Alex Wood was surprised when Don Mattingly approached to shake his hand Wednesday night at Dodger Stadium.
“I kind of started pulling it back a little bit,” Wood recalled with a laugh.
The handshake with the manager traditionally marks the end of a starting pitcher’s night. In this case, the gesture felt premature.
“He looked at me kind of funny,” Mattingly said.
While deprived of the chance to throw his first complete game of the season, Wood nonetheless pitched his finest game in a Dodgers uniform, blanking the Colorado Rockies over eight innings of a 2-0 victory.
The left-hander gave up only one hit, a two-out single to Kyle Wood in the second inning. No other Rockies player reached base against Wood, who retired the last 19 batters he faced.
“Baseball’s a funny game, right?” Wood said. “Obviously, my worst one of the year, the last time out.”
That start five days earlier against the Arizona Diamondbacks at Chase Field was arguably the worst of his career, as Wood was charged with eight runs and eight hits in 12/3 innings.
His spectacular recovery allowed the Dodgers to maintain their 71/2-game lead over the second-place San Francisco Giants in the National League West. The magic number for the Dodgers to secure their third consecutive division title was reduced to 10.
For Wood (11-10), the four days between his last start and this one felt like an eternity.
“Usually when you have starts like my last one, you don’t get much sleep in between,” he said. “You’re kind of chomping at the bit to get back out there and redeem yourself. You definitely want to get back out there the next time and turn it around.”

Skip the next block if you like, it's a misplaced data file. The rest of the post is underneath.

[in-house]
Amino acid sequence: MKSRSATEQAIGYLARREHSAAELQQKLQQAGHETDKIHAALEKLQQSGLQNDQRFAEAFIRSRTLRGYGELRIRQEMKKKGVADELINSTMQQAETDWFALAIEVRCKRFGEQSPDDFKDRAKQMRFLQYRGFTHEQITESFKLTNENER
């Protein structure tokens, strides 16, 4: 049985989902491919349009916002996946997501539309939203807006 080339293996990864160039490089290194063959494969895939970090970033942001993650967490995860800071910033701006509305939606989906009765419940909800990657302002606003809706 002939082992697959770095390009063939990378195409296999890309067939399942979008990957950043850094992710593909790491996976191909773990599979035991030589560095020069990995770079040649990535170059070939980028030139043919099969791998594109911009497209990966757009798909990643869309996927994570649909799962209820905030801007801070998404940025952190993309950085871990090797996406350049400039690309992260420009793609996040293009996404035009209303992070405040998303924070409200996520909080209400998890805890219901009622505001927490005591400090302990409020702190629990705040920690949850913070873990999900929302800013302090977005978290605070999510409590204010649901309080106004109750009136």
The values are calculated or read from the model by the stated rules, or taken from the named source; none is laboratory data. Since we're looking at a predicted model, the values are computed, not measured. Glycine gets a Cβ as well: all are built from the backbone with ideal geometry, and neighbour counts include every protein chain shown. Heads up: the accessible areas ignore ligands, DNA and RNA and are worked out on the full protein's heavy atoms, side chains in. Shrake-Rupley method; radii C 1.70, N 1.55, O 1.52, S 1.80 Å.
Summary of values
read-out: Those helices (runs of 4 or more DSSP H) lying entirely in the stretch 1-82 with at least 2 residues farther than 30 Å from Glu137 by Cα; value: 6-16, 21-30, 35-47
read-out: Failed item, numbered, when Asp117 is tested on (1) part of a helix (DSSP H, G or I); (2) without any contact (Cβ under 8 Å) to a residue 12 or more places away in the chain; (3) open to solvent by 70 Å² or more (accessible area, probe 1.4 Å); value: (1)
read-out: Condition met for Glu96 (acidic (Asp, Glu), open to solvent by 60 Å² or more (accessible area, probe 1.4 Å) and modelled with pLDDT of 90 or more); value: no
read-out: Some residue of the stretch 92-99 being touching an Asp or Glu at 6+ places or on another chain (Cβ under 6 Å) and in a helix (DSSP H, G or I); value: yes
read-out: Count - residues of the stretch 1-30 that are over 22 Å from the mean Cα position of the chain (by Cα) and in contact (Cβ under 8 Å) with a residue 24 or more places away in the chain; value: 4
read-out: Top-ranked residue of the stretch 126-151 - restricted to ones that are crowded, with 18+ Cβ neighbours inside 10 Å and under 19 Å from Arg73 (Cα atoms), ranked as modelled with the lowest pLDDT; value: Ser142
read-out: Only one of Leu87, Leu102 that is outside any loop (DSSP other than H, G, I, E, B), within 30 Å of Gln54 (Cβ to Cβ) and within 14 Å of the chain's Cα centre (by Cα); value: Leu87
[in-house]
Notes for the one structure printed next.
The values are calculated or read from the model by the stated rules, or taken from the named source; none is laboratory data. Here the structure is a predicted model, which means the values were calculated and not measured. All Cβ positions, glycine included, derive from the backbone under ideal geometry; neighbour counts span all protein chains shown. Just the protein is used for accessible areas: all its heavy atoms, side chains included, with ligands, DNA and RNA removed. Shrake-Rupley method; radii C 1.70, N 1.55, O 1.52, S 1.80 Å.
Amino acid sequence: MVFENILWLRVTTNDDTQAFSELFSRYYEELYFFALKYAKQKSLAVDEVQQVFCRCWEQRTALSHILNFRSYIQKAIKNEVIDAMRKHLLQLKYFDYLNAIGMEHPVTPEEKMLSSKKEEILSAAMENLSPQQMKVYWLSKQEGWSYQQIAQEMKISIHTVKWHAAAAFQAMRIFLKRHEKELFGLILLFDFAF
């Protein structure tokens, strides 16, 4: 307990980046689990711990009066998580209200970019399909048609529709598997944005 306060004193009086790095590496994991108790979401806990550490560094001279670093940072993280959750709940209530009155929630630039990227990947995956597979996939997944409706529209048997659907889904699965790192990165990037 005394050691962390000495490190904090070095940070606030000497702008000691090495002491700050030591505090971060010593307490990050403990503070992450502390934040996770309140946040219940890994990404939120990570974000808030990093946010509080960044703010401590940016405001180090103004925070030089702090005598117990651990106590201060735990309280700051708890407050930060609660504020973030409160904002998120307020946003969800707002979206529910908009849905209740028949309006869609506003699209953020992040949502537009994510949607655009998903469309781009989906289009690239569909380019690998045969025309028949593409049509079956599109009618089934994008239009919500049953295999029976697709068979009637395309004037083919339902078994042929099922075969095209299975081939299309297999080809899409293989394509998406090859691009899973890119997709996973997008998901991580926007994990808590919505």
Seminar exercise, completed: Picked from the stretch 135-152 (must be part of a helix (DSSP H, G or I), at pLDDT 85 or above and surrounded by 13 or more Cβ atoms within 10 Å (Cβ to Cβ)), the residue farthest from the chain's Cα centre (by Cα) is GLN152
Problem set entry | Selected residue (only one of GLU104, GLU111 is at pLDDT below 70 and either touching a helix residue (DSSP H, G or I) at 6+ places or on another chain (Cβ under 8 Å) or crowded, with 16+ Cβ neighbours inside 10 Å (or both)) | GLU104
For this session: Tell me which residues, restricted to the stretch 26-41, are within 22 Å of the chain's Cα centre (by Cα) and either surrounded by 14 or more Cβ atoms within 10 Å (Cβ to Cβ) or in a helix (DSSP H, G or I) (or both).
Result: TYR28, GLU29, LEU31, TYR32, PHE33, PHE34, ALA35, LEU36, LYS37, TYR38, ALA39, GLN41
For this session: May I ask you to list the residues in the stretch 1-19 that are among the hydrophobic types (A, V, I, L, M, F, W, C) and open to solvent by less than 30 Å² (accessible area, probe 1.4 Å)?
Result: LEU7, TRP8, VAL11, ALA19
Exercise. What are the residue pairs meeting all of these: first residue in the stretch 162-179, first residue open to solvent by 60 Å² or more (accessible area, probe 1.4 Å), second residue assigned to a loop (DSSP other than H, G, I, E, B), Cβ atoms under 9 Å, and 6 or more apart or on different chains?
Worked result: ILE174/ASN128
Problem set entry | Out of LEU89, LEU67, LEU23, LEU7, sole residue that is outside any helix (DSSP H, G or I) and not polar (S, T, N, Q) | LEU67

Effectively delivering his fastball to both sides of the plate and mixing in his changeup, Wood recorded 13 ground-ball outs.
“Seemed like he had them off-stride all night long,” Mattingly said. “Nobody was really squaring him up.”
Mattingly said he wasn’t surprised by Wood’s response.
“He’s a competitive guy,” Mattingly said. “Usually, that’s what you get with guys that compete. They get beat up a little bit, they’re not going to go hide in a corner.”
Mattingly saw Wood’s competitive instincts when he told him he was removing him from the game. Wood’s pitch count was only 78 at the time.
Mattingly said he would have allowed Wood to return to the mound for the ninth inning if the Dodgers were ahead by four runs. With the lead at two, Mattingly wasn’t taking any chances. He called on Kenley Jansen, who recorded his 32nd save.
Wood laughed as he recalled the scene.
“I wasn’t going to fight too hard, especially after my last one,” he said.
Plus, he added, “We’re trying to clinch. The ninth inning, as everybody knows, is Kenley’s, for the most part.”
Wood’s performance was particularly timely, considering the Dodgers fell to the Rockies in 16 innings the previous night, using 10 relievers in a game that ended past midnight.
Furthermore, the marathon game prompted Mattingly to field the kind of lineup Wednesday that he acknowledged was “weird.”
Wanting to hold Adrian Gonzalez and Justin Turner out of the starting lineup, Mattingly batted 21-year-old rookie Corey Seager at cleanup. He played third-string catcher Austin Barnes at second base and second baseman Chase Utley at first. Alex Guerrero started at third base for the first time in more than a month.
“You have a lot of guys in there who haven’t been in there,” Mattingly conceded.
Predictably, offensive production was limited.
Catcher A.J. Ellis blasted a solo home run in the second inning off Rockies starter Jorge De La Rosa to move the Dodgers in front, 1-0. The Dodgers doubled their advantage to 2-0 in the sixth inning when Seager singled to right field to drive in Barnes.
On this night, that was enough.
Right-hander Zack Greinke (17-3, 1.61 ERA) will face left-hander Jeff Locke (8-10, 4.43) and the Pittsburgh Pirates on Friday at 7 p.m. at Dodger Stadium. TV: Sports-
Net LA; Radio: 570, 1020.